Doug Pederson has a decision to make as the Eagles head into their final two regular-season games, and it would seem a fairly tricky one. It's less one decision, actually, than a series of decisions, all of which are aimed at putting the Eagles in the best of positions to reach the Super Bowl. Will he rest his starters? If so, whom will he rest, and for how long? Such are the burdens of being 12-2, owning a first-round bye in the NFC playoffs, and holding the No. 1 seed in the conference.

"You just make the best decisions for your football team," Pederson told reporters Monday, "and if that means resting a guy, you rest a guy – or two or three. But you also have to maintain the edge with these players, and you've got to maintain that confidence and that dominating swagger, and you've got to keep that alive."

Pederson, of course, isn't the first coach who has had to negotiate the closing weeks of an NFL season with an eye toward ensuring his team is as ready as it can be for the postseason. It's a matter of prioritization, of understanding what a particular team needs most at a particular time. The last time the Eagles were in a situation similar to this one was in 2004, when they were 13-1, had clinched home field throughout the NFC playoffs, and had just lost Terrell Owens to a broken ankle. Andy Reid played his starters for one possession against the Rams, then benched them for the rest of that game and the season finale against the Bengals.

Donovan McNabb (left) and Andy Reid clown around before Super Bowl XXXIX in 2005.
Rusty Kennedy
Donovan McNabb (left) and Andy Reid clown around before Super Bowl XXXIX in 2005.

Both at the time and in retrospect, it was the correct strategy. That Eagles team was the class of the NFC by a significant margin, and just two things could derail it: losing another important player or players to injury, or choking when confronted with the prospect of (and the pressure to avoid) losing a fourth consecutive NFC Championship Game. Reid took care of both problems at once, keeping his best players out of harm's way and sending a strong teamwide message: We can lose T.O, rest our starters, and still get to the Super Bowl. We're that good. Play like you have all season, and we'll be fine. In 2009, when Eagles safety Malcolm Jenkins was a rookie with the Saints, his coach then, Sean Payton, played backups during a Week 17 game against the Panthers, even though the Saints, after winning their first 13 games, had lost the next two. They lost to Carolina, as well, and it didn't matter: They went on to win the franchise's first Super Bowl.

"If you're a team that takes each individual game as one game and you focus on one challenge at a time, then the last result doesn't matter when it comes to what you're going against the next time," Jenkins said. "And I think we're one of those teams. We focus on the task at hand. We know where we want to get to."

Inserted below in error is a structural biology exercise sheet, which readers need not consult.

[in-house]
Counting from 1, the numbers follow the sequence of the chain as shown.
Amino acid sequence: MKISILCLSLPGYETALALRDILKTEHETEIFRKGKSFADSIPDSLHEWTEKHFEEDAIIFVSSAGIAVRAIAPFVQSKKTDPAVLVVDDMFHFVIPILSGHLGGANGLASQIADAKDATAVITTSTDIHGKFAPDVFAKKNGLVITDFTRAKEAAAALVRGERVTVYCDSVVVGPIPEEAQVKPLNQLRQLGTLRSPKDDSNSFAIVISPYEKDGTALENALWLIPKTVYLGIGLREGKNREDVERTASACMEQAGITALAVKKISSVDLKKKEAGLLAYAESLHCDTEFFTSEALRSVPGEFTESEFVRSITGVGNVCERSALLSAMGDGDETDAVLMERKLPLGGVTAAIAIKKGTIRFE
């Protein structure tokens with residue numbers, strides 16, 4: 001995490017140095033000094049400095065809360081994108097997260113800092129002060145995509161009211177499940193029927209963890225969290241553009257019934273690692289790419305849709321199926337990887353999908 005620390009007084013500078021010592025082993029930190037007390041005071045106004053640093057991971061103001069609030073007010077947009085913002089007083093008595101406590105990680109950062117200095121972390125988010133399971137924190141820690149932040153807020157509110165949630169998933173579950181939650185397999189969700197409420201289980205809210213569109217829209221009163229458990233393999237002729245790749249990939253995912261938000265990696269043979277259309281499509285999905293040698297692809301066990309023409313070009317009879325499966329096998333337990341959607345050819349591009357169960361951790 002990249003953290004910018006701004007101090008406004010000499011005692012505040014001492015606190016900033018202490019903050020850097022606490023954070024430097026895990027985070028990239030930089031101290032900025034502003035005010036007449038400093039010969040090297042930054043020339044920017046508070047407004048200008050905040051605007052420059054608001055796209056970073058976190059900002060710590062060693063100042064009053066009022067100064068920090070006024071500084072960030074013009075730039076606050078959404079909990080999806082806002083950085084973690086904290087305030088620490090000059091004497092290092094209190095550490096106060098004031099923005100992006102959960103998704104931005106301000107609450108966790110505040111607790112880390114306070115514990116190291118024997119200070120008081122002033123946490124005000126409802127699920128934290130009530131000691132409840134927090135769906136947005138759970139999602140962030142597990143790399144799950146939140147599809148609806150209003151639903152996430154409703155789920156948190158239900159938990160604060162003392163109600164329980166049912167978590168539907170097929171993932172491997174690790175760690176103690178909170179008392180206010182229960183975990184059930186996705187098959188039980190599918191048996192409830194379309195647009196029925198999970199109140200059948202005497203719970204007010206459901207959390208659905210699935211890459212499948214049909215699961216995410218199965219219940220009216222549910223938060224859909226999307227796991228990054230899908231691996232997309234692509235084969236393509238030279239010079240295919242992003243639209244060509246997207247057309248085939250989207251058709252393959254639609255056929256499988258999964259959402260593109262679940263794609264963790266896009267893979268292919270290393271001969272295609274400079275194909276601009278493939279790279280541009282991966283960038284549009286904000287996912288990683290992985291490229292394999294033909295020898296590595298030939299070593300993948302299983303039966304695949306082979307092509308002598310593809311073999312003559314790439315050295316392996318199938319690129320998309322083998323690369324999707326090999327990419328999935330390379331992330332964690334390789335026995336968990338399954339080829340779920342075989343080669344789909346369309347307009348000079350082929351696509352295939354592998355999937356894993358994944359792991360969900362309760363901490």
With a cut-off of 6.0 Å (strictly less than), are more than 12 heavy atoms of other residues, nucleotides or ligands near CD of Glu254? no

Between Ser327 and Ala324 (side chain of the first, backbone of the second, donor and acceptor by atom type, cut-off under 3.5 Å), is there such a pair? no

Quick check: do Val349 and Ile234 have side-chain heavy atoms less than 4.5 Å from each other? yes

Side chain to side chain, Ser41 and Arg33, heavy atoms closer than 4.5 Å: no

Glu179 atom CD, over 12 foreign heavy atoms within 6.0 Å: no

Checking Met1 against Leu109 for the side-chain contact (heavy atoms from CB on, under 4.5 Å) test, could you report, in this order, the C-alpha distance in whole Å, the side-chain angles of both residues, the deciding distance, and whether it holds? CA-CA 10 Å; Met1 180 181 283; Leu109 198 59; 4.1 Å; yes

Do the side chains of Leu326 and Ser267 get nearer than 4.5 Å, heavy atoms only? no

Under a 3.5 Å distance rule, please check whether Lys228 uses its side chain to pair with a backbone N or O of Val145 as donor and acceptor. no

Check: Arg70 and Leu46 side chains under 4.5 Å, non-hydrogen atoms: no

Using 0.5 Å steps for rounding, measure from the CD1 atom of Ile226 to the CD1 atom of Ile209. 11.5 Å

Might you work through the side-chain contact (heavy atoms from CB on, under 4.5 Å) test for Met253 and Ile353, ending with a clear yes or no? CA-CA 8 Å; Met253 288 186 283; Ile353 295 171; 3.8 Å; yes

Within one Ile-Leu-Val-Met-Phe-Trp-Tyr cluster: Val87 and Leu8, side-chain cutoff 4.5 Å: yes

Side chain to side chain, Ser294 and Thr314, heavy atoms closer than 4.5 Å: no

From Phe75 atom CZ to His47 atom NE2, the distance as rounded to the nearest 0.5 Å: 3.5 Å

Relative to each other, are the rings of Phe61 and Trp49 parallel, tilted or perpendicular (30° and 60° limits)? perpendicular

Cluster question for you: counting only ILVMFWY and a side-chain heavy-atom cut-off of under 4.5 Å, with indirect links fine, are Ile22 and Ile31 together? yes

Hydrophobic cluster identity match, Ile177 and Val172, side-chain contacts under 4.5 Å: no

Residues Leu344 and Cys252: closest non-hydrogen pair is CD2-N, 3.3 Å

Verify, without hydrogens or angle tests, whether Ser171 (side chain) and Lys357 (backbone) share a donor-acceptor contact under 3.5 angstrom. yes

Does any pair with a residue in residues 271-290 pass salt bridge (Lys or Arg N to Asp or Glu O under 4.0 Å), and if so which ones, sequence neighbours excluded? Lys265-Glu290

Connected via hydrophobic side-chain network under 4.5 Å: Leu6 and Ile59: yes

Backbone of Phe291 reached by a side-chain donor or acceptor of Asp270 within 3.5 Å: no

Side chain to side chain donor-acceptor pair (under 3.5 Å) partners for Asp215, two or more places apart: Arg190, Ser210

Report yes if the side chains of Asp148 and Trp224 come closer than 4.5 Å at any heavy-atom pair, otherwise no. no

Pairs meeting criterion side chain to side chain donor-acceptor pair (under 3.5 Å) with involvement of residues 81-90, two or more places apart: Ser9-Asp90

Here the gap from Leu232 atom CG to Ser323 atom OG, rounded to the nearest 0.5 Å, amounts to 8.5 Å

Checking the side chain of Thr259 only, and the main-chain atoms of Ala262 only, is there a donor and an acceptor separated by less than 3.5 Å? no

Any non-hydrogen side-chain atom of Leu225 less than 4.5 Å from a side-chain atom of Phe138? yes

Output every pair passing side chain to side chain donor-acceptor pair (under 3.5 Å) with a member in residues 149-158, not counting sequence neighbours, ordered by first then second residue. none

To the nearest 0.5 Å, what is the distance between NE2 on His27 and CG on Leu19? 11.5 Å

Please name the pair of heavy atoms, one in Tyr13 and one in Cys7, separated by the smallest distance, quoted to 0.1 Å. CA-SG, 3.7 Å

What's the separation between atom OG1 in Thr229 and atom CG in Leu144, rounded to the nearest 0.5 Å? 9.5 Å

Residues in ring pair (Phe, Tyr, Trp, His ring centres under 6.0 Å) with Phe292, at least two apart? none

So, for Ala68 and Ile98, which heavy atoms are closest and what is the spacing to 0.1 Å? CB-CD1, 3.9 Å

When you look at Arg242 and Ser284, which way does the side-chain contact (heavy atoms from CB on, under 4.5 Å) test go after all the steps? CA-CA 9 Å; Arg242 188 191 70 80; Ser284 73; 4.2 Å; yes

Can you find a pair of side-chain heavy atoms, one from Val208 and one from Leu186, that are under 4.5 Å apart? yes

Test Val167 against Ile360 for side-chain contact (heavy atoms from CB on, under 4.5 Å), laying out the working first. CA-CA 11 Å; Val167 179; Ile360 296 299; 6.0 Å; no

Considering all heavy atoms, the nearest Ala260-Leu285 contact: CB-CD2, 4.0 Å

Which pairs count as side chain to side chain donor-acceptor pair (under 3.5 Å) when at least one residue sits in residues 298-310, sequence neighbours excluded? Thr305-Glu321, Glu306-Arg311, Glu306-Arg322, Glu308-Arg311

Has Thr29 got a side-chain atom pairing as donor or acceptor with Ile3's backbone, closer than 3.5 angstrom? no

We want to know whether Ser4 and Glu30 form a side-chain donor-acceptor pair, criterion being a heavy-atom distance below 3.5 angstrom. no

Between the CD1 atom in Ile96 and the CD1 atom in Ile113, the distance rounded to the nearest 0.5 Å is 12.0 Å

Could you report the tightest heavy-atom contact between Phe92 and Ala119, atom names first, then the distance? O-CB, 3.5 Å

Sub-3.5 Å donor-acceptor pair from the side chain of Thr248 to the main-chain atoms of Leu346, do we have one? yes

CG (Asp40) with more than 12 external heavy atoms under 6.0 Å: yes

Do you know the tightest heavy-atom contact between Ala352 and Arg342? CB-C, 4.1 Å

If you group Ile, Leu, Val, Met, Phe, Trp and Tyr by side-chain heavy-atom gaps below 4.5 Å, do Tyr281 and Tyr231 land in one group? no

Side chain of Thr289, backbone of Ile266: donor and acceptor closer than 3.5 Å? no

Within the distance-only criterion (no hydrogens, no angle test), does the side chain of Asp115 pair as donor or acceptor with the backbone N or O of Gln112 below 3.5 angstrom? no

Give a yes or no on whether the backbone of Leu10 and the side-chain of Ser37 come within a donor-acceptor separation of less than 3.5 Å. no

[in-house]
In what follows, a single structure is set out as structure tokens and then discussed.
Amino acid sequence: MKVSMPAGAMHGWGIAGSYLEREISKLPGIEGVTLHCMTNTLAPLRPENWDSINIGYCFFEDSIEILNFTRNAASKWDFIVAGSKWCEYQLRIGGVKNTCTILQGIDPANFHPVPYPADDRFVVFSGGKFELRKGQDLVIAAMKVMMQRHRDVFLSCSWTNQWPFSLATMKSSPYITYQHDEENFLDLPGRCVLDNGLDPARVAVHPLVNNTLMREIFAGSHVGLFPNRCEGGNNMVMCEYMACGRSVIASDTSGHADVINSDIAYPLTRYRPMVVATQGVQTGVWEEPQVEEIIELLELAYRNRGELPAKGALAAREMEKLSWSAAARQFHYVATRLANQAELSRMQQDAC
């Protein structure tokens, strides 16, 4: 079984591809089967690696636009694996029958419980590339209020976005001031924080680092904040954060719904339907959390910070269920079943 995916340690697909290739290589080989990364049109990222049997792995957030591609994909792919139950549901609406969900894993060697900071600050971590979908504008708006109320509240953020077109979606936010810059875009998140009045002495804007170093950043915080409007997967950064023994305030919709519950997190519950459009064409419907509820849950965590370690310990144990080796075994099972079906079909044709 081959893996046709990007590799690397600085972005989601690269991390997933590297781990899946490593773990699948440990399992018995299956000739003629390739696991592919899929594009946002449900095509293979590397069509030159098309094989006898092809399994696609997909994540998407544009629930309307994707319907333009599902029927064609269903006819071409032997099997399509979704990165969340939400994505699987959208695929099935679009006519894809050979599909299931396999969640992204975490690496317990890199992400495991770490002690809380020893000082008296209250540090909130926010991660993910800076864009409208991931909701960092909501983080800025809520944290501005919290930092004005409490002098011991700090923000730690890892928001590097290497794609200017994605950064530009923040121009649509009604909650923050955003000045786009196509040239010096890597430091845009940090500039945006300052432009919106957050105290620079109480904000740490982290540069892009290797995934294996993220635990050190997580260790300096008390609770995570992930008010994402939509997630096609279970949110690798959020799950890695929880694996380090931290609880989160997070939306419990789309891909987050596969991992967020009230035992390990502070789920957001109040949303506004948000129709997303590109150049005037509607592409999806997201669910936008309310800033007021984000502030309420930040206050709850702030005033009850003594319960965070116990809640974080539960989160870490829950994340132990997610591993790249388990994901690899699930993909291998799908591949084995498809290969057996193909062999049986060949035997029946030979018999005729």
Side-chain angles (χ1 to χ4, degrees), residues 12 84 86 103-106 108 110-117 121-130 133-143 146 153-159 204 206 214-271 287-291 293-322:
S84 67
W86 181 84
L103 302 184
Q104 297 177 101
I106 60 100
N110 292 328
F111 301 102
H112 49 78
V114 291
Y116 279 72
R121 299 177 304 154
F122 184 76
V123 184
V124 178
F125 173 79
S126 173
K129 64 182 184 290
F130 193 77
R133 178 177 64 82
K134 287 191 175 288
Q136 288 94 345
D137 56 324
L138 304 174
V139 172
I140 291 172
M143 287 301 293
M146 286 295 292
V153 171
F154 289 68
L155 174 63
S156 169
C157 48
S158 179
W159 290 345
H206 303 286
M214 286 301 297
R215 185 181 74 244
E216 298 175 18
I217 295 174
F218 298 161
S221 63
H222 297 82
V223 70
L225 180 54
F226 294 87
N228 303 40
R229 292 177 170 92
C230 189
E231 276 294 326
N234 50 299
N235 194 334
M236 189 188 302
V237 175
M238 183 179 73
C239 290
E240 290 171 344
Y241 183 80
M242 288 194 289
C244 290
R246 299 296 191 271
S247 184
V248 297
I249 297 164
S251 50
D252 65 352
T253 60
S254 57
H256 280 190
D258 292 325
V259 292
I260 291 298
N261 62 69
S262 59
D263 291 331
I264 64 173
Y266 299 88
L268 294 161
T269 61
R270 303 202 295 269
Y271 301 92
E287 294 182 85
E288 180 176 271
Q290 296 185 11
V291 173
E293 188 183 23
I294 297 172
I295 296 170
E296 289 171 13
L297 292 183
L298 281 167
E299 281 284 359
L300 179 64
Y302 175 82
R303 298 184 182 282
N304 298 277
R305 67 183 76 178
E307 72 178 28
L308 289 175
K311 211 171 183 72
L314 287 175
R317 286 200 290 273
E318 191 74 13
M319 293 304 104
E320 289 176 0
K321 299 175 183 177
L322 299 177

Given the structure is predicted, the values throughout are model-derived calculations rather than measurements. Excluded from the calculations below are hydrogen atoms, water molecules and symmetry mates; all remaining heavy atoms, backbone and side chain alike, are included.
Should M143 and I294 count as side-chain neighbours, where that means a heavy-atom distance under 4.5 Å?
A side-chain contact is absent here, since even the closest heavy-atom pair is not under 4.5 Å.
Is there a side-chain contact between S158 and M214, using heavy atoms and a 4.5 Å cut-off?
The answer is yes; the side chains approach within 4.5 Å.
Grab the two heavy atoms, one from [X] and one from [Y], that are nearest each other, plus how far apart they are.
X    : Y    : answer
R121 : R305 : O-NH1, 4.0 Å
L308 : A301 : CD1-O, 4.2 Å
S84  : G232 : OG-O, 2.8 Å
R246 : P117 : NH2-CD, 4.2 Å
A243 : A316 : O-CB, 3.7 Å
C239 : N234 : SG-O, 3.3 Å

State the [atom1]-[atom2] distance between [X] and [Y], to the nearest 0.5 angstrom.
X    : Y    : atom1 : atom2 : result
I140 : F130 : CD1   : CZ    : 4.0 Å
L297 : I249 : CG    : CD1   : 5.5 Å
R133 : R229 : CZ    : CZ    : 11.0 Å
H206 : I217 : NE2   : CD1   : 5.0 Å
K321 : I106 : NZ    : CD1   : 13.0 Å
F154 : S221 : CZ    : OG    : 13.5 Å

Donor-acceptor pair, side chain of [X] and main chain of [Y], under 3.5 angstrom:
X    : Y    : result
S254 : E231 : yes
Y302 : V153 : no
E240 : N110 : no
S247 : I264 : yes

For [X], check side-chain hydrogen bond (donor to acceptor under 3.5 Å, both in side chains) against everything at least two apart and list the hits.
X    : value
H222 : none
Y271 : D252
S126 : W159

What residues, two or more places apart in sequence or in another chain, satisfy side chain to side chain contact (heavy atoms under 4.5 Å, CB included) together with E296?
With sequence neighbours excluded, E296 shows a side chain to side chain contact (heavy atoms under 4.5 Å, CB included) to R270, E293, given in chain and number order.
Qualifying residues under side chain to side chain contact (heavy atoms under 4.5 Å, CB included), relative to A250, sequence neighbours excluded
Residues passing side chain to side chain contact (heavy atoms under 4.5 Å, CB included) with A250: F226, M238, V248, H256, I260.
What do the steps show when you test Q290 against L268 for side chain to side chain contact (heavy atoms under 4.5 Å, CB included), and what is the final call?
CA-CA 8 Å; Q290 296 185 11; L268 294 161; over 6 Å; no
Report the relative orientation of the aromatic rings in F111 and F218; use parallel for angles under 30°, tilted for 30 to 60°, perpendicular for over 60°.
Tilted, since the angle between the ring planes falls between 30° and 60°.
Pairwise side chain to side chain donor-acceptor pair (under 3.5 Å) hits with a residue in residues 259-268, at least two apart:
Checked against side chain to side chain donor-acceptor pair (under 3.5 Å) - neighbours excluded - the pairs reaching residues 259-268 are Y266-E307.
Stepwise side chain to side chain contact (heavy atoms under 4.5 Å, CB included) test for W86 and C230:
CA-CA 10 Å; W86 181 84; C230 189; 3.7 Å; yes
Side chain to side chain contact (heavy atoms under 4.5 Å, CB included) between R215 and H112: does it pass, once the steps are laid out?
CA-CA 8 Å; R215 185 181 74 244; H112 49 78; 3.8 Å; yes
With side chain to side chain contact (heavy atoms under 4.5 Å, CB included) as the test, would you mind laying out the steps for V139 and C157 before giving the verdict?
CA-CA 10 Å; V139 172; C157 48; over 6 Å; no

Pederson has a slightly different scenario before him. Payton's team still had Drew Brees. Reid's still had Donovan McNabb. Pederson's has lost Carson Wentz. And these Eagles haven't clinched the No. 1 seed yet, though they can if they beat the Raiders on Christmas night and/or if the Vikings lose Saturday night in Green Bay to the Packers. Given the strengths and weaknesses of this particular team and the context of this particular season, then, here's how Pederson's list of priorities for these last two games, at home against the Raiders and the Cowboys, should look:

1) Secure home-field advantage.

2) Keep Nick Foles sharp and healthy.

3) Give the defense a chance to rest and regroup.

The first priority should be self-evident. The Eagles are 6-0 this season at Lincoln Financial Field, and the relative discomfort that a dome team (such as the Saints or the Falcons) or a less-experienced team (such as the Rams) would experience while playing at the Linc could afford the Eagles a necessary edge. Without Wentz, they need home field to have any shot, realistic or otherwise, of reaching the Super Bowl.

Which brings us to 2) and 3). Considering its abysmal performance over the last two to three weeks, the defense is a greater concern for the Eagles than Foles is, but only if Foles can still suit up and play at a relatively high level. Pederson has to balance those two goals: getting Foles enough playing time so he and the Eagles receivers can get on and remain on the same page – there was some miscommunication between Foles and Alshon Jeffery, for example, Sunday against the Giants – and not putting him at risk. Once the Eagles have to go full-Nate Sudfeld, it's over for them.

So to cover all those bases, here's one suggestion for a plan that Pederson might implement: Even if the Packers beat the Vikings on Saturday night, assuring the Eagles the No. 1 seed, Pederson should play Foles and the rest of the team's starters for most, if not all, of the Raiders game. If the Eagles beat the Raiders, Pederson can rest all the starters against the Cowboys. (Sorry to those of you who wanted to spend your New Year's Eve afternoon watching a meaningful football game.)

But … should the Vikings win Saturday and the Eagles lose on Christmas, all bets are off against the Cowboys. Home-field advantage is that vital. You give that game all you have, and you take your chances.

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